Success breeds success, which creates opportunity, which in turn creates headaches for coaches, who are well aware of windows.
In 2005, when coach Urban Meyer left Utah for Florida, he assembled what he believed to be a one-of-a-kind college coaching staff.
“I know this is a little biased — I think we (Florida) put together the best group of assistant coaches maybe in college football history,” Meyer said after Ohio State hired him in November 2011. “My goal is to find that kind of group of coaches again.”
Two years and 21 straight victories later, it would seem that Meyer has accomplished his goal. Just be careful what you wish for.
As many as six Ohio State assistant coaches could bolt the program after this season, either to take head-coaching jobs at other colleges or accept NFL assistant positions. Meyer confirmed this week that he has discussed names and “profiles” with Florida Atlantic athletic director Pat Chun, who used to work at Ohio State.
We will get to names in a minute, but first note that Meyer’s success at Florida — two national championships in three seasons — prompted the same type of assistant talent drain that the Buckeyes soon could experience.
And losing assistants coaches causes head coaches to lose sleep because staff continuity is a huge part of a program’s success.
Much has been written about Meyer’s health issues at Florida, where he resigned — for one day — on Dec. 26, 2009, because of exhaustion and because his life priorities had slipped out of whack.
Less documented is that some, and maybe much, of Meyer’s increased stress levels, were caused by him having to take a more hand’s-on approach with nearly every position group after the departure of so many assistants.
Five Florida assistants, including the offensive and co-defensive coordinators, left for other jobs over a two-year span beginning in 2008, after the Gators won the second of their national titles. Then Meyer lost two more defensive coordinators in a four-week stretch of 2009-10.
Trusting the “support team” is essential in any position of leadership, but for a hand’s-on CEO like Meyer, watching assistants come and go so often proves especially challenging.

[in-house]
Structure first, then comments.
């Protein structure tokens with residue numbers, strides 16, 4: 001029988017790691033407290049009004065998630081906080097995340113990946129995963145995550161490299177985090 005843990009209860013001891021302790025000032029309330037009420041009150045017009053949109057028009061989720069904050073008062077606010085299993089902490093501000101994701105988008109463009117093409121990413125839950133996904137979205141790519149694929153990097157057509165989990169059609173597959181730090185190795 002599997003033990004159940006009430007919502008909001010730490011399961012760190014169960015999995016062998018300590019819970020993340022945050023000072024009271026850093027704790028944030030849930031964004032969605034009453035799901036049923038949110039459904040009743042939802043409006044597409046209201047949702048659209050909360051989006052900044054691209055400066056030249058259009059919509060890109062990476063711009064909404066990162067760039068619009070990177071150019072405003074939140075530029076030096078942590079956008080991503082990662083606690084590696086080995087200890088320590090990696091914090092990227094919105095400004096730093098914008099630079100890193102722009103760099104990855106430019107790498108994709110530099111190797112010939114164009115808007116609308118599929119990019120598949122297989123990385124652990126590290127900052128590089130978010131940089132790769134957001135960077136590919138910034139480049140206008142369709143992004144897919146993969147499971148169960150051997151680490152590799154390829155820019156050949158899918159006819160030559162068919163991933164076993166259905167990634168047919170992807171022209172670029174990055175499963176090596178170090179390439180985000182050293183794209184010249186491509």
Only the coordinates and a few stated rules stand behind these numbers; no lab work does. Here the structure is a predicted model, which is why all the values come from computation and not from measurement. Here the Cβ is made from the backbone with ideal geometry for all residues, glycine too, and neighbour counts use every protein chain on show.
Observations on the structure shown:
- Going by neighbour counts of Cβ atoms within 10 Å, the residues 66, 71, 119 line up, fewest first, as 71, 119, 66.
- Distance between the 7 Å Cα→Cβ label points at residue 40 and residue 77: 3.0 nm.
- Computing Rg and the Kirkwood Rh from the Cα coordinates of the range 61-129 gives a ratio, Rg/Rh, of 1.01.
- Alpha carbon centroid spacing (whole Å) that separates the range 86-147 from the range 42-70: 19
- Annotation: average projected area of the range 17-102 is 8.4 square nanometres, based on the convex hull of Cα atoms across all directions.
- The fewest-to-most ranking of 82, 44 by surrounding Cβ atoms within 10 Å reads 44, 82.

Even when Meyer took his sabbatical at Florida, he wore out the keyboard on his cellphone texting assistants for updates.
“To say, ‘Sure, guys, do whatever you want,’ that’s not him,” John Hevesy told the South Florida Sun-Sentinel in March 2010. Hevesy, who was Mississippi State’s offensive line coach, had been on Meyer’s staffs at Bowling Green, Utah and Florida.
Trust takes time, which is in short supply for a coach consumed with winning national championships. No coach likes to admit it, but every program has a window of opportunity that remains open only so long. Not to say it cannot reopen at some point, but no program — not even Alabama — remains on top forever.
It was no coincidence that Florida fell off in 2009 and 2010 as Meyer retooled his staff.
Now, back to Ohio State: The two-year commitment that Meyer required of his assistants ends this season, which means they are about to become free agents.
Offensive coordinator/quarterbacks coach Tom Herman will receive offers. Not only has he helped turn quarterback Braxton Miller into a better passer, but the Buckeyes’ offense has jumped from 107th to eighth during his watch. Herman could choose to wait one more year, but only if the right offer does not materialize.
Defensive coordinator Luke Fickell also could exit, as could offensive line coach Ed Warinner, who is most responsible for the uptick in blocking.
Other possible departures include running backs coach Stan Drayton, co-defensive coordinator Everett Withers and cornerbacks/special teams coach Kerry Coombs, whose name has been linked to the opening at Miami University.
Will they all leave at once? Doubtful. Will some? Probable. If so, add Ohio State to Bowling Green, Utah and Florida as schools where Meyer lost 10 assistants to head-coaching jobs elsewhere.
Impressive. Credit Meyer for his ability to find and groom assistants. But also understand his conundrum: The window begins to close every time a success story waves goodbye.
Rob Oller is a sports reporter for The Dispatch.